Three new library designs put books front of mind
As their role within society changes, big name architects are queueing up to create new libraries
Despite threats of library closures, municipalities across the globe are turning over a new leaf. Some are commissioning fancy new buildings in an effort, perhaps, to prove their bibliophile credentials.
Of course, libraries these days house much more than books. In fact in some new facilities, books play second fiddle to wifi, the café and the performance area. But whatever’s going on inside, the buildings themselves can be worth a visit.
For OMA’s take on the modern library, we’ll be heading to Caen in north-west France. The Bibliothèque Multimédia à Vocation Régionale Library, which has just broken ground, is cross-shaped, with a different discipline in each wing. A glazed, naturally-lit reading room on the first floor, acts as a “space of confluence for both knowledge and power”, says OMA’s Clement Blanchet.
Meanwhile, Finnish practice ALA won the competition for Helsinki’s new Central Library, with a wooden shell that arches and curves. And the Spanish enclave of Ceuta in north Africa, has a new library that makes room for an ancient archaeological excavation beneath. Architects Paredes Pedrosa built in some pillars to support the ceiling over the 14th century site, and clad the façade of the upper floors in aluminium louvres, with concrete for the lower floors.
The sometimes awkward marriage between the printed and digital word was on the minds of these architects. ALA started their competition entry for Helsinki asking themselves “can we create a public space which is relevant and rewarding in the digital age?” And OMA’s Blanchet describes the Caen library as “an agora of ideas, a place that might reinforce the role of books in an increasingly digitized world.” For the rest of us, these are also examples of public bodies commissioning good-looking architecture.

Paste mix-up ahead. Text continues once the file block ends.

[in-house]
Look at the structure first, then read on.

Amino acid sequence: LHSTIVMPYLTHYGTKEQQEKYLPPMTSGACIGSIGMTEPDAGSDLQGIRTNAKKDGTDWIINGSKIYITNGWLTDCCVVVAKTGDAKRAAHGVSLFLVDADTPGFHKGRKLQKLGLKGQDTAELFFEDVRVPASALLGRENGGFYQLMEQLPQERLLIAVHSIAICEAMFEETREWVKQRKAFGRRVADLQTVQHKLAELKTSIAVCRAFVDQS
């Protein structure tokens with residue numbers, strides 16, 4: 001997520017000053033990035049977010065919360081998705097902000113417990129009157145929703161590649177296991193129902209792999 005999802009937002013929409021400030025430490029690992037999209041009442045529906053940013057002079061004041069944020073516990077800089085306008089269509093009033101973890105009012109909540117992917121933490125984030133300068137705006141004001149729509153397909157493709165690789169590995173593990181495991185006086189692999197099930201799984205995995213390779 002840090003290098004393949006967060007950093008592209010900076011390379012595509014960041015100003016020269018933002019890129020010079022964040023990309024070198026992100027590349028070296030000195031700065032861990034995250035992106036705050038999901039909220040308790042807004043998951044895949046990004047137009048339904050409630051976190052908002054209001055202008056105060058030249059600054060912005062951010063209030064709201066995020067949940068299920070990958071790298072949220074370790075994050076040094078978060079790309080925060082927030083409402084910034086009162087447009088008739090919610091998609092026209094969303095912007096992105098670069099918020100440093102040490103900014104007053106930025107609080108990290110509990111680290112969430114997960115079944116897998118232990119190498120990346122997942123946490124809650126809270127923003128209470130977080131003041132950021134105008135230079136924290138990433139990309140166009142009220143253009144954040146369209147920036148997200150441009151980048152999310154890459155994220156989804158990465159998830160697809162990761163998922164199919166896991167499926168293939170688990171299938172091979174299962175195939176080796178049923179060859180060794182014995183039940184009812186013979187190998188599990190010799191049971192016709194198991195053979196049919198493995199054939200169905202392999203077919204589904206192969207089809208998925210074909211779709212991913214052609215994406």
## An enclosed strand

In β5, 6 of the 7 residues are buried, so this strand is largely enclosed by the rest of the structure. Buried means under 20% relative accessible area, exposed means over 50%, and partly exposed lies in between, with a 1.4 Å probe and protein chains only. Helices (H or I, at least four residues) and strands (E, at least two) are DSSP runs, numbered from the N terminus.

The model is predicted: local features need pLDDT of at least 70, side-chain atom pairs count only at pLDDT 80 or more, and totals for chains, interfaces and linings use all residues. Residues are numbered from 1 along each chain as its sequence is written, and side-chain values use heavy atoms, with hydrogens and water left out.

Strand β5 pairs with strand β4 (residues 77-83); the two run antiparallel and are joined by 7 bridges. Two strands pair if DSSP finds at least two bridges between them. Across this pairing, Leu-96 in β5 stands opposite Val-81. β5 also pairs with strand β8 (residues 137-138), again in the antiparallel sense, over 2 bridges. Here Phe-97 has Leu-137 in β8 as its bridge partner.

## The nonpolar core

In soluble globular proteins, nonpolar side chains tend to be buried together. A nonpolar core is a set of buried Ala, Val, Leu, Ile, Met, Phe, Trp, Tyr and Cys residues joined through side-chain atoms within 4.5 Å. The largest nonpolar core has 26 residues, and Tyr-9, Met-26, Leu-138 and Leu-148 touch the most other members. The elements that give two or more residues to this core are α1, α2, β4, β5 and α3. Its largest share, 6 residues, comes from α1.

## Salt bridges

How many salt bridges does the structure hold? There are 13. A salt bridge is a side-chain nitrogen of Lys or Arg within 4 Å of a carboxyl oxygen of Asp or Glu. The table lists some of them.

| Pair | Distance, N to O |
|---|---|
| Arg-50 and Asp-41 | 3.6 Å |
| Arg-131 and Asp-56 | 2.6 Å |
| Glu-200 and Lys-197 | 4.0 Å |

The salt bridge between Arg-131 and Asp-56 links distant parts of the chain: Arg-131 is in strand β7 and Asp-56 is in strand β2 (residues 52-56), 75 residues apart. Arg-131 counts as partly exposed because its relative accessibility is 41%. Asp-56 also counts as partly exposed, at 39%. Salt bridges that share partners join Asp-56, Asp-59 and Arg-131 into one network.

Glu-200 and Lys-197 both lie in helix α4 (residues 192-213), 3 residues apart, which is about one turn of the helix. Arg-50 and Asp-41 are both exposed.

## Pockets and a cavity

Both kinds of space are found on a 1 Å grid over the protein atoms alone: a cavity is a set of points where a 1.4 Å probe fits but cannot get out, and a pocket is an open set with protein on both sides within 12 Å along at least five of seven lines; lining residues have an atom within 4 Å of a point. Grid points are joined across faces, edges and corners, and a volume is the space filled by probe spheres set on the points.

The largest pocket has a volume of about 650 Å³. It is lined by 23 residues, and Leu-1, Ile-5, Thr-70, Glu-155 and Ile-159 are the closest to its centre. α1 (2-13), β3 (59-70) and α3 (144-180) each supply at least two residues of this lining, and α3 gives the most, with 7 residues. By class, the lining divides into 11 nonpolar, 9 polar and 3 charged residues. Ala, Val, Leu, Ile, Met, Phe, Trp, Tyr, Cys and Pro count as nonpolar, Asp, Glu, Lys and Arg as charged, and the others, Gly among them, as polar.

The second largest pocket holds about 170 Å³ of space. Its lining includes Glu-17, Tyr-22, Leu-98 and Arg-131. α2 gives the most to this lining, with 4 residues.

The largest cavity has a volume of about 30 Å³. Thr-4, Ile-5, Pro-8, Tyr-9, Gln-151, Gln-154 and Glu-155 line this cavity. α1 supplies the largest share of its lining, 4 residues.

If you're interested in the best libraries on the planet there's a couple of very interesting 'walk through' sections in our book Understanding Architecture by Robert McCarter. The first is a tour of Michelangelo's Laurentian Lbrary in Florence in which McCarter points out the various areas of interest in each part of the library, the second is a similar deconstruction of the elements that go to make up Henry LaBrouste's Bibliotheque Nationale in Paris.
McCarter of course is the author of our forthcoming monograph on the mid-century modernist architect Carlo Scarpa. You can read a lot more about that book and download a free chapter from it here.